In bond trading, coupon is a word for interest rate. The coupon (nominal interest) is determined when the bond is issued and is expressed as a percentage of the face value.
The market price of a bond can differ from its initial price through its duration. The difference in prices is primarily dependent on the level of interest rates on the market.
The market’s interest rates influence the price of the security inversely (in case of securities with fixed interest payments). When the interest rates decrease, the price of the security increases. This phenomenon only happens with fixed interest rates. The bond loses its attractiveness when the interests are increasing. In this case, bond owners are going to sell their securities.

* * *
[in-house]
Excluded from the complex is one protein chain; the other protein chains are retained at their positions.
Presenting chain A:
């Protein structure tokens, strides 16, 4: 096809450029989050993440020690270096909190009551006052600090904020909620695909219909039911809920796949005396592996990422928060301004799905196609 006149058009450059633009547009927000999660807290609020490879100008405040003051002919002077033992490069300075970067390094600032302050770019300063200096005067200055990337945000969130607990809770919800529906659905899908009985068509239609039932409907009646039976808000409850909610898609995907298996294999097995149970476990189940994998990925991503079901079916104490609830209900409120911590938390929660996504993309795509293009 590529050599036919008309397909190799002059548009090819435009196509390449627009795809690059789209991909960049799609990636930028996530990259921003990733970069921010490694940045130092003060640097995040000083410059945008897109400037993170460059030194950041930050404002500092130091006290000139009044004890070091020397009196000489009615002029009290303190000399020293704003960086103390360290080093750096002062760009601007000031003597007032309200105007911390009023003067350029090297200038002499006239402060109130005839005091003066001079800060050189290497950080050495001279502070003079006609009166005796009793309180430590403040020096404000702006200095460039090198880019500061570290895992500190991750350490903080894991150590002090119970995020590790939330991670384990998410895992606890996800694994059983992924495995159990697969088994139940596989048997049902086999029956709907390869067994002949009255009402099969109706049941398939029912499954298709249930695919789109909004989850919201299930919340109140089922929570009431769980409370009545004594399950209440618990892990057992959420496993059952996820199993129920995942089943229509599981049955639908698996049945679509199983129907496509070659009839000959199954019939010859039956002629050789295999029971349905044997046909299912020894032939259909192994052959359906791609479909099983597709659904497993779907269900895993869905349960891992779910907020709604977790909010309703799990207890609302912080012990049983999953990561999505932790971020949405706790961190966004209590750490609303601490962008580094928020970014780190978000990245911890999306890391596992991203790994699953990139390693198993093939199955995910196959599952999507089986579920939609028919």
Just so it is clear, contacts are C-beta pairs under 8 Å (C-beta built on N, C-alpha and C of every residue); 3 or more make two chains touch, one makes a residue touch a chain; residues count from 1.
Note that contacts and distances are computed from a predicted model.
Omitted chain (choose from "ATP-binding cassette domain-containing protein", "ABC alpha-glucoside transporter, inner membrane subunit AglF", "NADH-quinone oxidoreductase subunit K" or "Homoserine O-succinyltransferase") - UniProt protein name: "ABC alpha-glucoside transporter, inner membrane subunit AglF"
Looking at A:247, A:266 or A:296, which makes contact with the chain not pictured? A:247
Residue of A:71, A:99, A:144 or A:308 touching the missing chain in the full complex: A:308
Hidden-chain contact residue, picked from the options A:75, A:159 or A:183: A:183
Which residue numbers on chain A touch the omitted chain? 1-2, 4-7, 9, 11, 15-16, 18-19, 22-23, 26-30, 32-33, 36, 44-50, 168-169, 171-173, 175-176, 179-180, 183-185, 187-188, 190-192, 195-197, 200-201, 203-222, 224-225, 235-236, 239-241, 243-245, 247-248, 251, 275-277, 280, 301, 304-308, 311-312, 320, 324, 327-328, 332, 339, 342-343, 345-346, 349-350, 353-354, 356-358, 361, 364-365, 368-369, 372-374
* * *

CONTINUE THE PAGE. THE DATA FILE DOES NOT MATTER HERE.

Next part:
Bonds with fixed coupons come with an extra risk, called interest rate risk. Interest rate risk is especially important when the interest rates on the market are strongly increasing. The changes in market prices are only important to the investor, if he or she does not intend to keep the bond until maturity. If the investor keeps the bond, then at maturity (if the issuer is solvent) the nominal value will be repaid.
Low coupons are between 0 and 2%, while average coupons promise returns between 2 and 4%. High coupons (high yield) can have higher yield than 4%.